Title

Interleukin-1Beta and Dentistry

Poster Number

25

Lead Author Affiliation

Dugoni School of Dentistry, Orthodontics

Additional Authors

Miroslav Tolar and Marie M. Tolarova

Introduction

Interleukin–1beta (IL-1b) is a potent cytokine that enhances local inflammatory response through binding to different types of local target cells. It facilitates differentiation of monocytes into multinucleated osteoclasts and thus enhances bone resorption. Many studies concluded that IL-1b is a strong inducer of connective tissue degradation in general. IL-1b seems to play a major role in immune reactions occurring in dental and orofacial tissues.

Purpose

We reviewed the current knowledge related to behavior of IL-1b in oral and dental diseases and adaptations.

Method

Relevant recent articles were reviewed and the new information was combined with the previous knowledge.

Results

IL-1b and PERIODONTAL DISEASE: Studies have shown that lipopolysaccharides (LPS) present on the outer membrane of gram negative bacteria causing periodontal disease induce secretion of IL-1b that starts innate and adaptive inflammatory responses. Further studies have suggested that both probing depth (PD) and attachment loss (AL) are strongly correlated with IL-1b levels in gingival crevicular fluid (GCF). When patients with different severity degrees of periodontal disease were compared, it was found that patients with a more severe disease tend to have higher levels of IL-1b in GCF than those with a moderate or mild disease regardless of the PD value of the examined site. IL-1b and ORTHODONTIC TOOTH MOVEMENT: When mechanical force is applied on a tooth, a localized sterile tissue innate inflammatory response takes place. One of the first signs is secretion of IL-1b. Levels of IL-1b in GCF were found to peak after 24 hours of force application. A second peak of IL-1b levels was found 24 hours after re-activation of the applied force. These findings suggest that time scale of IL-1b secretion may be a good guide for timely controlled applications of force and reactivations during orthodontic treatment.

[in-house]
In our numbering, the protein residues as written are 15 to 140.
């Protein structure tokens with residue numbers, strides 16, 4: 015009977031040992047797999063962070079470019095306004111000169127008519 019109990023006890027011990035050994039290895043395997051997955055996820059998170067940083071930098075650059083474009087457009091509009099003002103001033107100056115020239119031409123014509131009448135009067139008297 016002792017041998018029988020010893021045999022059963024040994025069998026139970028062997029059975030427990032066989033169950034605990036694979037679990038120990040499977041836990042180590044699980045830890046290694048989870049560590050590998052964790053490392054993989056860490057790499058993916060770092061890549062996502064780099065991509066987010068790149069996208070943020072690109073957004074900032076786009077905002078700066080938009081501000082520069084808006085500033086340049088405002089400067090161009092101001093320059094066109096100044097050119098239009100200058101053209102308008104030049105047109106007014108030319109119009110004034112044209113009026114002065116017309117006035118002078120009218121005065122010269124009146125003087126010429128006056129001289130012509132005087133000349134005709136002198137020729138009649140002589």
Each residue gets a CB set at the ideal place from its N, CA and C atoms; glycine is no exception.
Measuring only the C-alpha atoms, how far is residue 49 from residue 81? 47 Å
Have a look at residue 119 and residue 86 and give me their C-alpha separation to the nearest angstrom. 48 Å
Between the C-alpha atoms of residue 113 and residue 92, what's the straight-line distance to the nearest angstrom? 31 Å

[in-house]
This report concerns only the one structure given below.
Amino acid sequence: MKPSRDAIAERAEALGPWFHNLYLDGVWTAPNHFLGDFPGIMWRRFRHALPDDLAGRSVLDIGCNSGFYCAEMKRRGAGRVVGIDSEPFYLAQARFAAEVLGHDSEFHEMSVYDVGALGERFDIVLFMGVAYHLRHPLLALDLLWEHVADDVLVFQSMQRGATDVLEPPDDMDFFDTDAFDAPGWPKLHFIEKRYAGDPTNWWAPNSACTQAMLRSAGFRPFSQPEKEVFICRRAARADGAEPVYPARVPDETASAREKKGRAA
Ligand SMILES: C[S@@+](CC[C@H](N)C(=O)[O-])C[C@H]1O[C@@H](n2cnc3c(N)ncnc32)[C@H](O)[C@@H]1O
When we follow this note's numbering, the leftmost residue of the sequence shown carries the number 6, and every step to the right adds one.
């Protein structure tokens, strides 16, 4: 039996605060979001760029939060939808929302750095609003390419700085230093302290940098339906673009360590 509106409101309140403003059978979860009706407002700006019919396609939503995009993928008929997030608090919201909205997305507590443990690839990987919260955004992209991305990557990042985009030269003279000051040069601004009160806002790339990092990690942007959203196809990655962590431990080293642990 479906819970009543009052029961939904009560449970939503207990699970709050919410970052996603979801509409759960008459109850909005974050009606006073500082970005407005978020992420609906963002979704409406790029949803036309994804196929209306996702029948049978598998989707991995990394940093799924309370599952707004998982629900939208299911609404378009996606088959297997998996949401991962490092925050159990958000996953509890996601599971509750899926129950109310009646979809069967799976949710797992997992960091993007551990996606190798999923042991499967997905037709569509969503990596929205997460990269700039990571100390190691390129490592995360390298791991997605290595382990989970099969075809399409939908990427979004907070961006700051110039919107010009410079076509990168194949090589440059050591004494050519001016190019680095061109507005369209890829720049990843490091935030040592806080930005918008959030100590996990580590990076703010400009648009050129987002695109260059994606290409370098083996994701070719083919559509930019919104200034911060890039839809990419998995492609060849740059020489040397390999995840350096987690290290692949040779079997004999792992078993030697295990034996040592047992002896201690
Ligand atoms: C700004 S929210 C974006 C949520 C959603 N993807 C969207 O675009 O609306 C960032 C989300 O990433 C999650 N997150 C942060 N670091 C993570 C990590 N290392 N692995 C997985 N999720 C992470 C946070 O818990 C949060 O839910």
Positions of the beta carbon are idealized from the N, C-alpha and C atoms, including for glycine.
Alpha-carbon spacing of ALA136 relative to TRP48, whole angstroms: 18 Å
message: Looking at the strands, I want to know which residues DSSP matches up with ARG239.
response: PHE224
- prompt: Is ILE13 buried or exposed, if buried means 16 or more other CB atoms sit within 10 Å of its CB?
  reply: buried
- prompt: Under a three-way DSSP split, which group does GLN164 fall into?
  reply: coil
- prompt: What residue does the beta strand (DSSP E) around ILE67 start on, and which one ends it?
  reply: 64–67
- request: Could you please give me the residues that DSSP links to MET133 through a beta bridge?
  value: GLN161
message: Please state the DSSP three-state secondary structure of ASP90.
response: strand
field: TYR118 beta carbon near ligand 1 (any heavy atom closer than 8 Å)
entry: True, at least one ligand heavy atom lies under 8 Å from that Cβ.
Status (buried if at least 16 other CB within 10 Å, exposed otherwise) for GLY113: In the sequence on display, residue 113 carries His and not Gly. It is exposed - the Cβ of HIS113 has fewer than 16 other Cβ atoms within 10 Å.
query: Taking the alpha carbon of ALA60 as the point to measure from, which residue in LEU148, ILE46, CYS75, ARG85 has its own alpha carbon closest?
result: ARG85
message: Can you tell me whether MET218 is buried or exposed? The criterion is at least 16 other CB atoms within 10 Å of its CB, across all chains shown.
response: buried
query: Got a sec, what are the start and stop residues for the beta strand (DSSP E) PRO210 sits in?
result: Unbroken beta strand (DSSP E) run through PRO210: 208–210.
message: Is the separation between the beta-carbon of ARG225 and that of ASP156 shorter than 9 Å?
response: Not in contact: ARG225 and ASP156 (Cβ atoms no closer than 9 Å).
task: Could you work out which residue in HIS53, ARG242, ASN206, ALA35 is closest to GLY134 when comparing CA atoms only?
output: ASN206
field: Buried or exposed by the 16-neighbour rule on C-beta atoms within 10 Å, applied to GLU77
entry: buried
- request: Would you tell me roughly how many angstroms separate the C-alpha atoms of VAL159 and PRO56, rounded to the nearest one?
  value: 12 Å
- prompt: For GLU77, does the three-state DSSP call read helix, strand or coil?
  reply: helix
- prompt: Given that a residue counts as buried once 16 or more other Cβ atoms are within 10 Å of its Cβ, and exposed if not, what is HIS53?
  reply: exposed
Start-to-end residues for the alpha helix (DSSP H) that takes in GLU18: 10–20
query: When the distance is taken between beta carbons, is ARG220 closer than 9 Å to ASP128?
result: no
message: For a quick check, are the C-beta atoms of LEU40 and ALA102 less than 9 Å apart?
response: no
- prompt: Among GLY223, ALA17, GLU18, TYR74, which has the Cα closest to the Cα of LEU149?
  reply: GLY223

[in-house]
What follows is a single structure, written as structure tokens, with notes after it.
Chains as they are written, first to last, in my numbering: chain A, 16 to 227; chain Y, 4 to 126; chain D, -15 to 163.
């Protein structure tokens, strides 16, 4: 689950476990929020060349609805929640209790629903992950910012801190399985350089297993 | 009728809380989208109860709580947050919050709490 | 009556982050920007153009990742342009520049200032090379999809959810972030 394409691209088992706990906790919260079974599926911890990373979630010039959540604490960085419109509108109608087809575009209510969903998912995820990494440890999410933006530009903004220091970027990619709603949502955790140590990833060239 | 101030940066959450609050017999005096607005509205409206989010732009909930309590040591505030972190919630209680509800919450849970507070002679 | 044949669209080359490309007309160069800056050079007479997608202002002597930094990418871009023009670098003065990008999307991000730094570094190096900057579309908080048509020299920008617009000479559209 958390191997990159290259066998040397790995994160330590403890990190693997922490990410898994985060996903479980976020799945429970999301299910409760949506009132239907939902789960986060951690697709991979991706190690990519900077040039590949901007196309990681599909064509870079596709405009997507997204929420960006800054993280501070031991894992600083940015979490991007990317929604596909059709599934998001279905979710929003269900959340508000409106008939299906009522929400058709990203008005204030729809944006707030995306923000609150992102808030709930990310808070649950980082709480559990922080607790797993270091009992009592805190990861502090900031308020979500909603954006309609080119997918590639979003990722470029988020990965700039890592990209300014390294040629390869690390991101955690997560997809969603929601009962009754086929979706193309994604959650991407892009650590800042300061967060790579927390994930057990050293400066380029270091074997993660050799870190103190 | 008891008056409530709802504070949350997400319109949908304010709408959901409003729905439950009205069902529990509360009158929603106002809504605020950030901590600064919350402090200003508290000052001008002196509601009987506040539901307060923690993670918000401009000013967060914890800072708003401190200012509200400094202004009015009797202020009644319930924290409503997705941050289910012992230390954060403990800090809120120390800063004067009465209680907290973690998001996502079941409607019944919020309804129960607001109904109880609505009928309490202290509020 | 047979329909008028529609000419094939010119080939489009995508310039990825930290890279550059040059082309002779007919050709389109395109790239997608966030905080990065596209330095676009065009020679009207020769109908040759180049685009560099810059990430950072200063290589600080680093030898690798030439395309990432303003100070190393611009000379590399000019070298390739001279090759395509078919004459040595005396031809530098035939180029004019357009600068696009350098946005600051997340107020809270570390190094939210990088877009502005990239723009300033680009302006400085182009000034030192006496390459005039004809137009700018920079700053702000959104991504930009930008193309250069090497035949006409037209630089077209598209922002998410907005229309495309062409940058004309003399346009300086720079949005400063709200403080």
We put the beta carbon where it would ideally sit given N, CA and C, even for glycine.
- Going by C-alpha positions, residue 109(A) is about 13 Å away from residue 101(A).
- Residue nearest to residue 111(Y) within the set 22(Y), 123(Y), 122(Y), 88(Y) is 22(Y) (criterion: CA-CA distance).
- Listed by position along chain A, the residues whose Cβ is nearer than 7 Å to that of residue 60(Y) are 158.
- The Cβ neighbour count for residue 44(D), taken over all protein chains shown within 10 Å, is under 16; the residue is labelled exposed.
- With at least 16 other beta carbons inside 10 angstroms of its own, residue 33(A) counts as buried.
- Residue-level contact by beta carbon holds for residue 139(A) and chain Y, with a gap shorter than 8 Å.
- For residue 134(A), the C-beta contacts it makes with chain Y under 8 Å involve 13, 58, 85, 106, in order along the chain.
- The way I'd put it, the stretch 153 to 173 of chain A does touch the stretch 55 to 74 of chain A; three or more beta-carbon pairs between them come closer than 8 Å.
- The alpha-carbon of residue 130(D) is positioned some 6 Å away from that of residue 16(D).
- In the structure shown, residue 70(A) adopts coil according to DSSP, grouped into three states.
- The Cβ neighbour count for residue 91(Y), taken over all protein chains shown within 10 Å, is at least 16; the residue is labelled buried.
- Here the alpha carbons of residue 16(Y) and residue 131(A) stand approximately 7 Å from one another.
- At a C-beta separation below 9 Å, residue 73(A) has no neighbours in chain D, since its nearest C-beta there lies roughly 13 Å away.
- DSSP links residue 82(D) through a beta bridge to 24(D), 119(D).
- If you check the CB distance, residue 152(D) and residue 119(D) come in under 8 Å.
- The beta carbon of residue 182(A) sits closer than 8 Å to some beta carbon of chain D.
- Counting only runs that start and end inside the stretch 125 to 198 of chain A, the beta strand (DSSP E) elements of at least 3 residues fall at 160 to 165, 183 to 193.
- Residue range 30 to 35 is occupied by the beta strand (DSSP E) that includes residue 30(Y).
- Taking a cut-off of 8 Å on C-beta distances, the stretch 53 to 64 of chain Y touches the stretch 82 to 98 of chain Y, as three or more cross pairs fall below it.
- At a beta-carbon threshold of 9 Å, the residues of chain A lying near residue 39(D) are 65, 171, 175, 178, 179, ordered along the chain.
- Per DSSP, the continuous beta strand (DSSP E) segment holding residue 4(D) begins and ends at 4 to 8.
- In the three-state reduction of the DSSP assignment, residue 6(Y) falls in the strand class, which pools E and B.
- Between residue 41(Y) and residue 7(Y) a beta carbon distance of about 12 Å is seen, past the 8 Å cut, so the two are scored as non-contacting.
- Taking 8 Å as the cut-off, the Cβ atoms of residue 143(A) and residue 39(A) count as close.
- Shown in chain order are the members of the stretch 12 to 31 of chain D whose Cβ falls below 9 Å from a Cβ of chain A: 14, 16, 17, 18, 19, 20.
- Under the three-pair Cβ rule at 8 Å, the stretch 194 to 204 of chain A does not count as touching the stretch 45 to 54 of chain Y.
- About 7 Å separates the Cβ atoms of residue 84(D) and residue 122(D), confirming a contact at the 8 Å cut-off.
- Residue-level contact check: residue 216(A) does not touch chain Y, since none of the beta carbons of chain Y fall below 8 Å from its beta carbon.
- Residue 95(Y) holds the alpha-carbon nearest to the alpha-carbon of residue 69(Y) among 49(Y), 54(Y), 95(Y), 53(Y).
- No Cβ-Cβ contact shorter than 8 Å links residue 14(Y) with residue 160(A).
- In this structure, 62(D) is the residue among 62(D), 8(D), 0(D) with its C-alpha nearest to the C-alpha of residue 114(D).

Significance

A better understanding of biology and physiology of IL-1b-related pathways might open the way for future improvement and/or customization of dental treatment plans.

Location

DeRosa University Center, Stockton campus, University of the Pacific

Format

Poster Presentation

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Apr 25th, 2:00 PM Apr 25th, 4:00 PM

Interleukin-1Beta and Dentistry

DeRosa University Center, Stockton campus, University of the Pacific

Interleukin–1beta (IL-1b) is a potent cytokine that enhances local inflammatory response through binding to different types of local target cells. It facilitates differentiation of monocytes into multinucleated osteoclasts and thus enhances bone resorption. Many studies concluded that IL-1b is a strong inducer of connective tissue degradation in general. IL-1b seems to play a major role in immune reactions occurring in dental and orofacial tissues.